From the late 1800s to the early 1900s, Standard Oil dominated the oil industry and developed into one of the United States largest oil refiner. Beginning in 1870, as John D. Rockefeller became concerned about the volatility of the oil market, Rockefeller incorporated the Standard Oil Holding Company in Cleveland, Ohio. He desired to bring stability to the oil markets by creating partnerships and acquiring refineries. Within a few years, Rockefeller arranged “special” contracts that provided shipping rates unattainable by his competitors. By 1885, Standard Oil controlled approximately ninety-five percent of the refinery market.
He then brought his brother, who had also built a refinery, into the partnership. This made their firm the largest oil refinery in the world and marked the beginnings of Standard Oil. In June 1870, Rockefeller established Standard Oil Company. It was situated in Cleveland, which had become one of the five main refining centers in the U.S. It began to grow rapidly and soon became t... ... middle of paper ... ...kefeller as unethical and a “Robber Baron”, he was a devout Baptist and was one of first great philanthropists.
The Rockefellers feared the temptations of wealth, yet a visitor once described their estate as the kind of place God would have built if only he’d had the money. They amassed a fortune that outraged a Democratic nation, then gave it all away reshaping America. They were the closest thing the country had to a royal family, but the Rockefellers shunned the public eye. For decades, the Rockefeller name was despised in America, associated with John D. Rockefeller Sr.’s feared monopoly, Standard Oil. By the end of his life, Rockefeller had given away half of his fortune.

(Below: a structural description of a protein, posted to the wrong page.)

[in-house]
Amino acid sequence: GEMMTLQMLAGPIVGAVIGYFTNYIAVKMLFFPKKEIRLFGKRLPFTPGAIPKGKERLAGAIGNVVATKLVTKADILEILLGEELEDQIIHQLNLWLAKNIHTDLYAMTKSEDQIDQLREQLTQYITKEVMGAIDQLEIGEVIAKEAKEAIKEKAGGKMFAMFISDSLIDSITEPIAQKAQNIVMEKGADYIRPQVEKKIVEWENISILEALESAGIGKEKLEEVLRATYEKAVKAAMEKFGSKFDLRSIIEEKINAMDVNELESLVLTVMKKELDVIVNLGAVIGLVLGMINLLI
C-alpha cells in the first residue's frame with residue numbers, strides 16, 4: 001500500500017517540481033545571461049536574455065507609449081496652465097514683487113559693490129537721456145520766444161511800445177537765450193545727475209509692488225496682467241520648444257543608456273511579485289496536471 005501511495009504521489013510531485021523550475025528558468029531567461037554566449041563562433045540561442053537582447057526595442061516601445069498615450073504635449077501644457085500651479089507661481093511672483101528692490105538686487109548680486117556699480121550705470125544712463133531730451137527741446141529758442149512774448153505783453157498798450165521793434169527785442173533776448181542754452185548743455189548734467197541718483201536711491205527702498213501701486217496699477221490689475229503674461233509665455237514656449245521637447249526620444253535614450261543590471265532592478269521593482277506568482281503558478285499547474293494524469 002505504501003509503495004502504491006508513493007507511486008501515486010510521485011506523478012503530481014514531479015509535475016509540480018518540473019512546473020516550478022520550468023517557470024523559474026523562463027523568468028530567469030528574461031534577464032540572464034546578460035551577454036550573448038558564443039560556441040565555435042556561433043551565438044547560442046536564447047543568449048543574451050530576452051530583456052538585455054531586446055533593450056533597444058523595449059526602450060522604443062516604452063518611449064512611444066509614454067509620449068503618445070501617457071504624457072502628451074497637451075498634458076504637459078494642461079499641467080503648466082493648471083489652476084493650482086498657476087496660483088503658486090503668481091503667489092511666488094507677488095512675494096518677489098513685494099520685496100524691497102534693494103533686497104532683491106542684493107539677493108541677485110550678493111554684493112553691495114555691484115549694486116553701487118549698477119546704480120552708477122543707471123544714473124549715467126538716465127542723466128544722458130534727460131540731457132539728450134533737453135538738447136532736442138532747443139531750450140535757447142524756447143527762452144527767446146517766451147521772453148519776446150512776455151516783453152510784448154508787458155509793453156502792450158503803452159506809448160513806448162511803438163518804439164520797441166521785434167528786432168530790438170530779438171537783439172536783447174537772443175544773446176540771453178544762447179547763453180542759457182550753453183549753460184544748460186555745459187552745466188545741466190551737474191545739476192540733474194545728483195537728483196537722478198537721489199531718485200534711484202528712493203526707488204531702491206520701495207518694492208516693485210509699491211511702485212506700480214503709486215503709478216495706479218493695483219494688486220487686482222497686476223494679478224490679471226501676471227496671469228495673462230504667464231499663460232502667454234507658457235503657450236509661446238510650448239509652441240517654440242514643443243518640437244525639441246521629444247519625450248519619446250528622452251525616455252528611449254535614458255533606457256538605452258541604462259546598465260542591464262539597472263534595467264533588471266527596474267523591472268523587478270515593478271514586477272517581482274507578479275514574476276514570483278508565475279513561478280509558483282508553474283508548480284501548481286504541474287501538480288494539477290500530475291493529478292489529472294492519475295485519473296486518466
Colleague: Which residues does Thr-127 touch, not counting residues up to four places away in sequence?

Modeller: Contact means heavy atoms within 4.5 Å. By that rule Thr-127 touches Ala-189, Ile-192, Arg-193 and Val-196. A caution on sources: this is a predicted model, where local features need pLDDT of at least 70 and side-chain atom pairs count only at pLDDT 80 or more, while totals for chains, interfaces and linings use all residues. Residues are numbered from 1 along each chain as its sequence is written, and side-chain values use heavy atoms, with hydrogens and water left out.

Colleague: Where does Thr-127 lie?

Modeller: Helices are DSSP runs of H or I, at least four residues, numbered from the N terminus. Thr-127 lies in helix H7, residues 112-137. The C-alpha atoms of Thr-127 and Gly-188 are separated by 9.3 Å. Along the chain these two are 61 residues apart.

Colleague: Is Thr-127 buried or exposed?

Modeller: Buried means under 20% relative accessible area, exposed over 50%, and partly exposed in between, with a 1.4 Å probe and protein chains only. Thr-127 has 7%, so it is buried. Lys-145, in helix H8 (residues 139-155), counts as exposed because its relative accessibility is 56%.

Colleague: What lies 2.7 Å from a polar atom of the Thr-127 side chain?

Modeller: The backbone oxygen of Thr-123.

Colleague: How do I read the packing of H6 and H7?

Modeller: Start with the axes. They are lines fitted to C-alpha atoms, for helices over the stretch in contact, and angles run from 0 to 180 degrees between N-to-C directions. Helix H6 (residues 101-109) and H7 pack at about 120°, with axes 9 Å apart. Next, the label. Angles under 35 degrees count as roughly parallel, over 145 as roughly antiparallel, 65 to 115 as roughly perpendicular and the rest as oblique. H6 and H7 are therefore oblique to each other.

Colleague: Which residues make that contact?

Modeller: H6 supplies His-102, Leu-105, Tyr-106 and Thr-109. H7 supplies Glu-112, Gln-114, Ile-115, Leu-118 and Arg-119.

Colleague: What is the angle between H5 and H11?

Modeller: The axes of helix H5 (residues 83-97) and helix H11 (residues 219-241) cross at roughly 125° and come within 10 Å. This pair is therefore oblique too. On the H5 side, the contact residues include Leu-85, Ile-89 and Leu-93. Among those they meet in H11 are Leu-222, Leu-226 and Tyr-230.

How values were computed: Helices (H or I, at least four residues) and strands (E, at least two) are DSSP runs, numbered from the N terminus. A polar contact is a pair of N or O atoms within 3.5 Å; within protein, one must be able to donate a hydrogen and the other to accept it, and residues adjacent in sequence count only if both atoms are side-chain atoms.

Little did the public know, the success of the company was a gigantic lie, and possibly the largest example of white-collar crime in the history of business. The roots of the lies start with former Enron CEO Kenneth Lay. This man helped bring together a number of smaller energy companies, namely InterNorth International and Houston Natural Gas Corporation, through horizontal mergers to form Enron Corporation. Lay fought for natural gas and electricity deregulation, which would open opportunities for huge profit in the industry. In 1994, states were given the choice of deregulation for these utilities, meaning customers could choose their utilities provider instead of being cornered by one company.
In 1870, Rockefeller, along with Samuel Andrews and Henry M. Flager incorporated the Standard Oil Company (The Editors of Encyclopædia Britannica). Rockefeller’s Standard Oil began prospering and soon began buying out competitors. In 1872, the company had almost complete control over all the refineries in Cleveland. With such power, the company could negotiate... ... middle of paper ... ...The U.S government took action against the company again in 1906 under the Sherman Anti-Trust Act.